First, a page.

My decision to embark on this body of work was elicited by three reasons:
1) Having had a tumor removed from my shoulder bone with a subsequent collapsing of oneof my lungs and a post-op pneumonia in November 2019, I was at high risk to have seriousconsequences should I contract COVID-19, hence I entered a strict and prolonged isolationthat continues to this day.
2) My portraiture business since the beginning of the pandemic became an oxymoron. I felt the need to continue my photography practice and self-expression, even just to retain a semblance of mental sanity during an extended period of psychological and economic hardship.
3) I desired to explore a new visual element the pandemic had rapidly imposed onto our everyday image: the mask. Never before have I delved into the concept of masked portraiture but I have always been intrigued and deeply touched by the work of a photographer I had the privilege to meet here in New York, Phyllis Galembo, whose vast and powerful body of work I find enormously inspiring. Her work focuses on masks and masked humans around the world.
Obviously I had only one subject at hand: myself.
I decided not to use a large format camera but instead opted for medium format, which would ease the process of focusing on my face with an increased depth of field. I dusted off from my arsenal an ancient Mamiya C3 camera with a sheet film back (6×6) and started cutting, with scissors, a bunch of orthochromatic negatives from a box of large mammography x-ray sheets that had been banging around my studio for years.
The square size of the resulting negatives triggered in me yet another thought: It was almost as if I was taking passport photos!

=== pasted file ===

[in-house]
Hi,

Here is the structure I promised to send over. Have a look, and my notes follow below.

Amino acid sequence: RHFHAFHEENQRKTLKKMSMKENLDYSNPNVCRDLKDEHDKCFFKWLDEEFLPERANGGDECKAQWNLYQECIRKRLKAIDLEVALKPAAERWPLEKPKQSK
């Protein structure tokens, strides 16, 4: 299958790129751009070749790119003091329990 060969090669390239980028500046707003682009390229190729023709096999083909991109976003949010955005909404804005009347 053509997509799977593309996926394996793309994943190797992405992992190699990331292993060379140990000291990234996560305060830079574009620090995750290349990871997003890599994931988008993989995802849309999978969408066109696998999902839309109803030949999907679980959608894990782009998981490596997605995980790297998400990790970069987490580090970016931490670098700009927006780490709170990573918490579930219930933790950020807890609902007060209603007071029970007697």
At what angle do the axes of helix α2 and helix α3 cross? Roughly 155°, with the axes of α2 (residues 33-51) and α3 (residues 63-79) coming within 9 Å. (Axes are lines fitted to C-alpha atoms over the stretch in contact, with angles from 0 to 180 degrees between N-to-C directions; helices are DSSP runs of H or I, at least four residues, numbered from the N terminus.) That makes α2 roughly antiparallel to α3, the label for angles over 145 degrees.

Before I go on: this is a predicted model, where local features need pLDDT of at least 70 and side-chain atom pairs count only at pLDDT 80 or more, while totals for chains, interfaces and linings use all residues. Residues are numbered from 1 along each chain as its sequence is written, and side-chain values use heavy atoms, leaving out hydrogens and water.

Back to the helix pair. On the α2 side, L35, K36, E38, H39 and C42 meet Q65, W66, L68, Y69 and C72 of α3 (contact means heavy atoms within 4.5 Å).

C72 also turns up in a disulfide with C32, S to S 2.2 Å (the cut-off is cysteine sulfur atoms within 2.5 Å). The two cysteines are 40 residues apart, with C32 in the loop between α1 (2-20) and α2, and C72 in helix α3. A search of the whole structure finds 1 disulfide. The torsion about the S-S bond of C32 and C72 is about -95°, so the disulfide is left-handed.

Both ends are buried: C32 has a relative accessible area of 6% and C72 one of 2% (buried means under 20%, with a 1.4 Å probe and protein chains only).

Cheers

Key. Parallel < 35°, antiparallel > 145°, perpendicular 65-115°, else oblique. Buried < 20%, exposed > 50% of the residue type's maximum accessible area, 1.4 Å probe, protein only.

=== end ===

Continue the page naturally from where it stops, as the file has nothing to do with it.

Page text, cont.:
This was another interesting element in relation to my socially deprived “sheltering in place” and impossibility to travel. Hence I decided the working title for the series would be “Passport Photos to Nowhere”.
The days go by, slowly and yet, frightfully fast. My only temporal reminder is the clapping and cheering for Health Workers sprouting from the nearby buildings everyday at 7PM.
Some of the selected images from this work, so far, are decidedly dark, others are quite selfdeprecating and others are perhaps replete of dark humor and a desire to laugh, rather than cry.
They all mainly document my sheer existence, a necessary reminder for me, as never before in my life I have been this long and deep removed from all social interactions, work engagements, the city, the sky, the wind, the sun on my face.
When shall this body of work end? My guess is as good as yours.
I simply don’t know, and as the days go by, I feel I know, understand and can predict less and less, not only about the pandemic, but also about the increasing turmoil affecting most things: from our health to politics, race relations, the economy, constitutional freedoms, the survival of the planet, my photography business. Everything.
For the first time in history we are all institutionally masked: we need this uncomfortable”wall”, built right on our faces, to protect us from others and vice-versa. The mask removesour facial expressivity, it
impedes breathing, eating, speaking and kissing, it isolates us all,more than ever before, paradoxically, in order to stay alive.
Reportage di Giovanni Savino